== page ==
Having so convinced him, the request for him to present "the sister of a dear friend, who passed away quite young" was as nothing. I told him that she is quite pretty and has been convent-educated with hardly any movement in society. In short, that she's a delicate flower of purity and innocence in need of our protection and advancement. To my delight, he agreed. Now it only remains to get the mother to assent, but I can hardly see how she could refuse; the Duc de Bouillon is not only one of the highest personages titularly (for he may rightly call himself Prince of Sedan, should he choose), but also was for many years Grand Chamberlain.
If only my meeting with Lenoir, the Chief of Police, had gone so well. I found him quite unwilling to give me his full attention as he shuffled through papers on his desk, took communique's from anyone who desired to knock upon his door, and I had barely begun speaking when he decided it was necessary to explain to me that "justice must be permitted to run its full course". In short, I was dismissed with the distinct impression that he had not listened anymore to me than he might a fishmonger, or a child.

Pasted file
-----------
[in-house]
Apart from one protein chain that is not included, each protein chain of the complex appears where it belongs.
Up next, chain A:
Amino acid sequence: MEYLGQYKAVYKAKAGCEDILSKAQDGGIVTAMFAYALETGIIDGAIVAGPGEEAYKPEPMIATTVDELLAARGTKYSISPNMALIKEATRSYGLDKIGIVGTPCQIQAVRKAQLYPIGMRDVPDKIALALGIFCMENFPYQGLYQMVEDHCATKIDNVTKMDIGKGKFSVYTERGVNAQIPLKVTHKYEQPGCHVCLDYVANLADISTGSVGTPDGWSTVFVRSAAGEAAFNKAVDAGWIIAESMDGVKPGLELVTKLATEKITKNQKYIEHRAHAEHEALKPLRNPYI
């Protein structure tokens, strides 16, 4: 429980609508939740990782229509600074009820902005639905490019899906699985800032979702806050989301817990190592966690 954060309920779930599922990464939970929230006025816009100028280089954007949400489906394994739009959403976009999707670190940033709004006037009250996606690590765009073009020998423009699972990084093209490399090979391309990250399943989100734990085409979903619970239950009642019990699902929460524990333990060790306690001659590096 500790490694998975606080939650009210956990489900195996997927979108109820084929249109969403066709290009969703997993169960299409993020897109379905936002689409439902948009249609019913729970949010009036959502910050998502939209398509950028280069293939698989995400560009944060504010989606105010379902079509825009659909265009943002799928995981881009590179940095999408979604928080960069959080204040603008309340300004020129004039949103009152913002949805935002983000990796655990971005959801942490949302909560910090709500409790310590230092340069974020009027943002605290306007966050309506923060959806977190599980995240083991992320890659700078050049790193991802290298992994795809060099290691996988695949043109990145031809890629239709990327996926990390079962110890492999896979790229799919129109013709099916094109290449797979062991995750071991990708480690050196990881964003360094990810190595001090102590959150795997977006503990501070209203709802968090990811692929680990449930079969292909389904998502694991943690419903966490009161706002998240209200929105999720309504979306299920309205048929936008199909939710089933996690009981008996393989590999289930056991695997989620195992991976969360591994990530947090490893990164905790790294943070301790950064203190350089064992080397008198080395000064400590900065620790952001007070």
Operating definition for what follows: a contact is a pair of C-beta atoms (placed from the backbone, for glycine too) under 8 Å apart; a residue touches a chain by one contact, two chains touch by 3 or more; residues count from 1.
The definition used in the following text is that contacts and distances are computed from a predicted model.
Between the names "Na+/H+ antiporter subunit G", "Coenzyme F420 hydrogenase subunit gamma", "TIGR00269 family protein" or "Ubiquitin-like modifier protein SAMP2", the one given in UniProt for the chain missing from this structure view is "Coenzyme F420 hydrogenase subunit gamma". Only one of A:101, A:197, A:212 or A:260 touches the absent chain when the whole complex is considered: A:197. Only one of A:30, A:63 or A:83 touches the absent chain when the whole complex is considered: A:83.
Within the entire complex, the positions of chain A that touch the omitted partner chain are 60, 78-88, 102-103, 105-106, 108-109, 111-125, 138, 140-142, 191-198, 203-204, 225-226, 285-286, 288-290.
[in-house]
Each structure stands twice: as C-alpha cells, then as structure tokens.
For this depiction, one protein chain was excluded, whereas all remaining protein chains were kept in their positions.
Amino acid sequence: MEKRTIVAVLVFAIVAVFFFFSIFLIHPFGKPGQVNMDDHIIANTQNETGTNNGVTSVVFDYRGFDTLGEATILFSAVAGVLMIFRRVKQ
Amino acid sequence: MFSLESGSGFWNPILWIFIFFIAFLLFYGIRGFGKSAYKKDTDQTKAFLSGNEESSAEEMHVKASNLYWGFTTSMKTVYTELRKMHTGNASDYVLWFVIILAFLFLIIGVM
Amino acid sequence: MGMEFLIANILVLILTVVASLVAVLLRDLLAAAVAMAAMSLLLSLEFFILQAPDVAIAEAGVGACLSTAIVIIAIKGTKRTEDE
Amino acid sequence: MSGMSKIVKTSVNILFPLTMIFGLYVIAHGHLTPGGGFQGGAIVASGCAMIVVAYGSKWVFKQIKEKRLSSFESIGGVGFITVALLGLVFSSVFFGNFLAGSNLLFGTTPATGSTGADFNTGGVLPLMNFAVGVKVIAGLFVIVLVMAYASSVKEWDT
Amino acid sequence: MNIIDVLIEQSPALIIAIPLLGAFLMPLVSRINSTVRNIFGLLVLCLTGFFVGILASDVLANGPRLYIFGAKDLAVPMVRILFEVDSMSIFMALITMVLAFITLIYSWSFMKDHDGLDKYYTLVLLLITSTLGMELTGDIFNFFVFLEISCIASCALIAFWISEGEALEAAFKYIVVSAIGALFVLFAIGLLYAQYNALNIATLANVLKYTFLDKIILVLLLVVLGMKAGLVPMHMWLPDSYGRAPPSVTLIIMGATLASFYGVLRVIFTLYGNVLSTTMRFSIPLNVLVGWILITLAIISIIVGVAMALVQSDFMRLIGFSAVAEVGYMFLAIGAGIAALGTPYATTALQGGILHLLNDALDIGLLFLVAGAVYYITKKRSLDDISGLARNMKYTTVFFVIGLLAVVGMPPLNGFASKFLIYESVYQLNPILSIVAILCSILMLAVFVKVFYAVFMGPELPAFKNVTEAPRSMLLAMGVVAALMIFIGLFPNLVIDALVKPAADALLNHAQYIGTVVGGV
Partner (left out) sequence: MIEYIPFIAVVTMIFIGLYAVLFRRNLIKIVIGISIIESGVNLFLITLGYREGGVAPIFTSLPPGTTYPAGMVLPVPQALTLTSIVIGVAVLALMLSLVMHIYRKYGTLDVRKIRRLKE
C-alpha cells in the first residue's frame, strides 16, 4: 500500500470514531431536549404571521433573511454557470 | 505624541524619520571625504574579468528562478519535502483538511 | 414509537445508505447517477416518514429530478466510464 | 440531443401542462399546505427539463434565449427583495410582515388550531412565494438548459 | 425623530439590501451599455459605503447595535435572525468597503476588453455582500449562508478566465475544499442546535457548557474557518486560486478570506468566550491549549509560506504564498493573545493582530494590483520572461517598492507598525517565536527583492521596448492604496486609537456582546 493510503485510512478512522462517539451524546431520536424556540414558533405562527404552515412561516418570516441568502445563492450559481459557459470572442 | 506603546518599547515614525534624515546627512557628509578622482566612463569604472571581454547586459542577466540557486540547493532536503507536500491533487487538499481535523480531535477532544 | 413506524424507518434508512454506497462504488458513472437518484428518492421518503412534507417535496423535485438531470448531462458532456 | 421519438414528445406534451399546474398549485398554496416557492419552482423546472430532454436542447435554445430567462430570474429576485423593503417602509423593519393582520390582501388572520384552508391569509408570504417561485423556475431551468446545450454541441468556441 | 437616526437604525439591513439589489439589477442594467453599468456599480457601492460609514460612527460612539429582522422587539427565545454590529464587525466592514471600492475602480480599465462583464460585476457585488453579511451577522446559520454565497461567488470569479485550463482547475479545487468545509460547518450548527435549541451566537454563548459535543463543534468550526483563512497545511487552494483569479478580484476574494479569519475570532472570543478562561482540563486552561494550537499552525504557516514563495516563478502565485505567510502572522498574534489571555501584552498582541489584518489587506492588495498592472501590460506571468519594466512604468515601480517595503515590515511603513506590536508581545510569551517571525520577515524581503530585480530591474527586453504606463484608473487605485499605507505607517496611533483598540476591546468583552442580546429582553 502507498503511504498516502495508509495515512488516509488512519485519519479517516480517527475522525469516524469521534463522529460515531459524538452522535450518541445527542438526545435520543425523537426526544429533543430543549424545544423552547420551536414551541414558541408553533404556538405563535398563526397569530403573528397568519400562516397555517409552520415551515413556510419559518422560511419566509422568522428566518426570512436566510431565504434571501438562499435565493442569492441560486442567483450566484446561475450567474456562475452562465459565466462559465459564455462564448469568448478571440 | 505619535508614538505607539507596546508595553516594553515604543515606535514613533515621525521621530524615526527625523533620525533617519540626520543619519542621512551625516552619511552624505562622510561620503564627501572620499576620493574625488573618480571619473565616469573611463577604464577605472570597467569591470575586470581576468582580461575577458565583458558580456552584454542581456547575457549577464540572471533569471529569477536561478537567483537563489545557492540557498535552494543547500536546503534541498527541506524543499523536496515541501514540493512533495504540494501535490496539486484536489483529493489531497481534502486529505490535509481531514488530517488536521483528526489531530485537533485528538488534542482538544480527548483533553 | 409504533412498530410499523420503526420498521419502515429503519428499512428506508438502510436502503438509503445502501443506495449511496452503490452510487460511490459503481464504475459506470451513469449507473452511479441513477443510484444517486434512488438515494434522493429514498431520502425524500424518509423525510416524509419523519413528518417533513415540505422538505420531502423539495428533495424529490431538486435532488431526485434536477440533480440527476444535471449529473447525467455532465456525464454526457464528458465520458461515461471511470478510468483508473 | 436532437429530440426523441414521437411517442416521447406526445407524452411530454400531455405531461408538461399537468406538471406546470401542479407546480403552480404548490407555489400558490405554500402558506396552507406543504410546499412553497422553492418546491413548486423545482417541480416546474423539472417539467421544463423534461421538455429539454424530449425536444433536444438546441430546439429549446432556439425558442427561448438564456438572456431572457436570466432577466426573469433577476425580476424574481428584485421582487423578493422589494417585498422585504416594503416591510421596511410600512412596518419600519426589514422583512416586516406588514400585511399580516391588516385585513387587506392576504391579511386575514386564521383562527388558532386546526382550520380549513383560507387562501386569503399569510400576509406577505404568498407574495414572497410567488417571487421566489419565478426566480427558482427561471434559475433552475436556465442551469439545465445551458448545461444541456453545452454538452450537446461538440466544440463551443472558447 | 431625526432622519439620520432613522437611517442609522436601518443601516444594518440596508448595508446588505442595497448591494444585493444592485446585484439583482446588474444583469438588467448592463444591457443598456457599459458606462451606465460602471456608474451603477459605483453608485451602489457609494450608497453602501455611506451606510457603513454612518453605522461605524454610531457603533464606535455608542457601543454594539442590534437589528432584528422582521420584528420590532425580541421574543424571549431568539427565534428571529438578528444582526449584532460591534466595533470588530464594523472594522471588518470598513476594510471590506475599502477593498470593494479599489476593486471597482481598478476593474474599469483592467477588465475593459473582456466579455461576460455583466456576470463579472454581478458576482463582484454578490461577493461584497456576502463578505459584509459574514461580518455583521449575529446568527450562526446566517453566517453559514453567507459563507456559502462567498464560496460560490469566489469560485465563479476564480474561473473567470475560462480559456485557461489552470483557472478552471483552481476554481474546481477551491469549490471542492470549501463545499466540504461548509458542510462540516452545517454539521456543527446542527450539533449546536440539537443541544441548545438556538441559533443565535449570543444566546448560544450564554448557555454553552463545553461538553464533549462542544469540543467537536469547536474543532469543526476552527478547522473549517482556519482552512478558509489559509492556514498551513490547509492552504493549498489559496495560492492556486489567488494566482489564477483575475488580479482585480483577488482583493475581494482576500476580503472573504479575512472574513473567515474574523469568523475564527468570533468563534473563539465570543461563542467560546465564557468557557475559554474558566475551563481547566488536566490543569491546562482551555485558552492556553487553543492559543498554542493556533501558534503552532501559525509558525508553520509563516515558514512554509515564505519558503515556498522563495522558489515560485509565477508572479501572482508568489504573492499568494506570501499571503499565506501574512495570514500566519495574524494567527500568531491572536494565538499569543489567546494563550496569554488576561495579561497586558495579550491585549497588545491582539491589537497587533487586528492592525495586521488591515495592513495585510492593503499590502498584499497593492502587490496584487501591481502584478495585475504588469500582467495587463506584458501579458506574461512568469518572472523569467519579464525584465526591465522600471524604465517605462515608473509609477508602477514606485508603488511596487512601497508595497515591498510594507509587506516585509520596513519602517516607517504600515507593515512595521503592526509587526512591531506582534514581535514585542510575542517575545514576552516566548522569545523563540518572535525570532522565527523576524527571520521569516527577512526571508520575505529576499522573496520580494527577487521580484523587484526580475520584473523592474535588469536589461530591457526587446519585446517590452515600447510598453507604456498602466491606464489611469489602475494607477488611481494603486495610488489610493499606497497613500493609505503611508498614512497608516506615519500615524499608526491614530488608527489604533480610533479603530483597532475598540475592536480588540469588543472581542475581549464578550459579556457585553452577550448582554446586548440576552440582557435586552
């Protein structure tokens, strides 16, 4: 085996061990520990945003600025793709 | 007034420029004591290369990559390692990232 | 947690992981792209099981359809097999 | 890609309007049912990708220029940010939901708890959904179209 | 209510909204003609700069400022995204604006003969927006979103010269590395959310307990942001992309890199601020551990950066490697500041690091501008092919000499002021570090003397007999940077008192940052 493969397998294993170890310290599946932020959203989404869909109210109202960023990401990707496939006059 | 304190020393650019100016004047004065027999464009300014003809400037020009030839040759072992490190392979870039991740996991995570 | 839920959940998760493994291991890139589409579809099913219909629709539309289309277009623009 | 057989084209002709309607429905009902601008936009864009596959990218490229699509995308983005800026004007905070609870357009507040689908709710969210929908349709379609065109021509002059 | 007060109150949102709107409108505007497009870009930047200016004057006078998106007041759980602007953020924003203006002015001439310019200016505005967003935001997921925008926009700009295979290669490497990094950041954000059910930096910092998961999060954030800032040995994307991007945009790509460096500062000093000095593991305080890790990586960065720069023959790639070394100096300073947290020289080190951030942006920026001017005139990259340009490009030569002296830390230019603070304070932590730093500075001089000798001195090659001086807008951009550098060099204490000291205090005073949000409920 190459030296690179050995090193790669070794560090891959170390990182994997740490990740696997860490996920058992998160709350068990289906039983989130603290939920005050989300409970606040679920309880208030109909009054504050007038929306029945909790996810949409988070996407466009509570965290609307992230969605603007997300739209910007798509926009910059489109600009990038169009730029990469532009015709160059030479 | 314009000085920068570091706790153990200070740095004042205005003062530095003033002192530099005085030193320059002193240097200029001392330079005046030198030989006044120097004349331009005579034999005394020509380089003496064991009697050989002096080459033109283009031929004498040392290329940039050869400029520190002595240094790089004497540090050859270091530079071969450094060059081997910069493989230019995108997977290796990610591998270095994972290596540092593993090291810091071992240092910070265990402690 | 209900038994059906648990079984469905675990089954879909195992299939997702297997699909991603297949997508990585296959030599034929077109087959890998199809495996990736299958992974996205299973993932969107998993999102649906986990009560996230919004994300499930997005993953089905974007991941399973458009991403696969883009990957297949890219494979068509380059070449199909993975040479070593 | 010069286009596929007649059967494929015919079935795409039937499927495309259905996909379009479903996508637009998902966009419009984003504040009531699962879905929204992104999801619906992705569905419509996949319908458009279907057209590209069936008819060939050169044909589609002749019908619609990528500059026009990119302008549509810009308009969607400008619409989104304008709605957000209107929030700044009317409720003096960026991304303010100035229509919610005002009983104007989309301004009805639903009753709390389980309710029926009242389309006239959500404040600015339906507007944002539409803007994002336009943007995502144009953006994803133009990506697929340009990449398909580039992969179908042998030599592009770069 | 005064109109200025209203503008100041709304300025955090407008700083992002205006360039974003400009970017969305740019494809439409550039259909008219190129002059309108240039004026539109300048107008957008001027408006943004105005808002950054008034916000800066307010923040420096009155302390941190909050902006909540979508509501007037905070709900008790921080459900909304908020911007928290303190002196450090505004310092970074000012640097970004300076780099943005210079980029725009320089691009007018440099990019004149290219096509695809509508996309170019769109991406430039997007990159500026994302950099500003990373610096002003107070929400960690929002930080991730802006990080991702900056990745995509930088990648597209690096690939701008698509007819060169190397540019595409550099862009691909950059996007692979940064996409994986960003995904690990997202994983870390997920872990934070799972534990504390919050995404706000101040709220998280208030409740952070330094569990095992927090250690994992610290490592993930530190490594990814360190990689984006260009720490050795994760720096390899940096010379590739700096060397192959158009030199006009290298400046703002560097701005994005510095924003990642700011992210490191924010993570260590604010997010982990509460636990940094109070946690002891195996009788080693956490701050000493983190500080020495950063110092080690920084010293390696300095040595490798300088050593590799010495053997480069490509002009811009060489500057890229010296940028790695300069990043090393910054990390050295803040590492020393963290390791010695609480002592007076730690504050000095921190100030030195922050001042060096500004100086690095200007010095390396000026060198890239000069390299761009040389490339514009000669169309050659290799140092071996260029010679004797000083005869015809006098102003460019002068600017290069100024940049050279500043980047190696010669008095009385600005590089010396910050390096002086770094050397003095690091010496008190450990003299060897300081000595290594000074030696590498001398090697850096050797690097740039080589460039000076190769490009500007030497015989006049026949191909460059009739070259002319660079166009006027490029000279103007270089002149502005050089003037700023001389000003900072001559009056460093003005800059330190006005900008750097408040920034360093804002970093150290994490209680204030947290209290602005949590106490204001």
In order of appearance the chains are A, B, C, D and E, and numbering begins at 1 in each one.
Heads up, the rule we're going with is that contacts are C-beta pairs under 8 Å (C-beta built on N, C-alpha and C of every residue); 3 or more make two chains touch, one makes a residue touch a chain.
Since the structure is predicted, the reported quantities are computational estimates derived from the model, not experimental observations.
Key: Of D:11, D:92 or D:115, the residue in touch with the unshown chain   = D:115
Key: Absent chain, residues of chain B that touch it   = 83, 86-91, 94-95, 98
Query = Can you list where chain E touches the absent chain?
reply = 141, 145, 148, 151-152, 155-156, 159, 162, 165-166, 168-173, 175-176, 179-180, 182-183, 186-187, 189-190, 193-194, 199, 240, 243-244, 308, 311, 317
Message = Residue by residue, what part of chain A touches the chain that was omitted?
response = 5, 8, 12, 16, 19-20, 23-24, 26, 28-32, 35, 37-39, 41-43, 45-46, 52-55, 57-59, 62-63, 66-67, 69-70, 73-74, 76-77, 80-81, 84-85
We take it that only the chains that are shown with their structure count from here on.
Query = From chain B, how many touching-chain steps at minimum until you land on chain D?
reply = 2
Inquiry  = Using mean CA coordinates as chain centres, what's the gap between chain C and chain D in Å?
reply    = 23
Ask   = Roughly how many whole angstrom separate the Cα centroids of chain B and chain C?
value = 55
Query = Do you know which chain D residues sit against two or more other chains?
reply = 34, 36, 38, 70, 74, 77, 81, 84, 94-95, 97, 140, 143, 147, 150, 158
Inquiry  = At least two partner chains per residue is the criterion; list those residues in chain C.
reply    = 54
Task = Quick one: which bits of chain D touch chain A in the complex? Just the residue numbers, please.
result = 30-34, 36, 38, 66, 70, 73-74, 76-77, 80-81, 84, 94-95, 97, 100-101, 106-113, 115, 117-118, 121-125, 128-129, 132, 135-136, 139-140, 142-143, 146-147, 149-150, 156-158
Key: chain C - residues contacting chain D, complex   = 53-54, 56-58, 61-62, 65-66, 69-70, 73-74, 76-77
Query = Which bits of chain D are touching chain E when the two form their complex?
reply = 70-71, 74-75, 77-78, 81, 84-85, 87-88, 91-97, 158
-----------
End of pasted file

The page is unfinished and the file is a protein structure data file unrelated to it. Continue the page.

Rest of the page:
I did gain a glimpse of the papers upon his desk, however, and quite a few of them seemed to concern the kind of crass libel that we are daily treated to should we venture out of doors. The things they say, especially about the Queen and King, are no less than treasonous, and I have yet to see one that was not also viciously perverse. I'm not sure there is any way to use this knowledge to my advantage, but I will record it for the present in case it should become so.
I have not yet discovered a way to meet naturally with Msr. Lavoisier or his wife. I do have a visit with the dowager Countess of Rodez to look forward to tomorrow, and hopefully my note to her daughter, the young Clementine, will have some effect.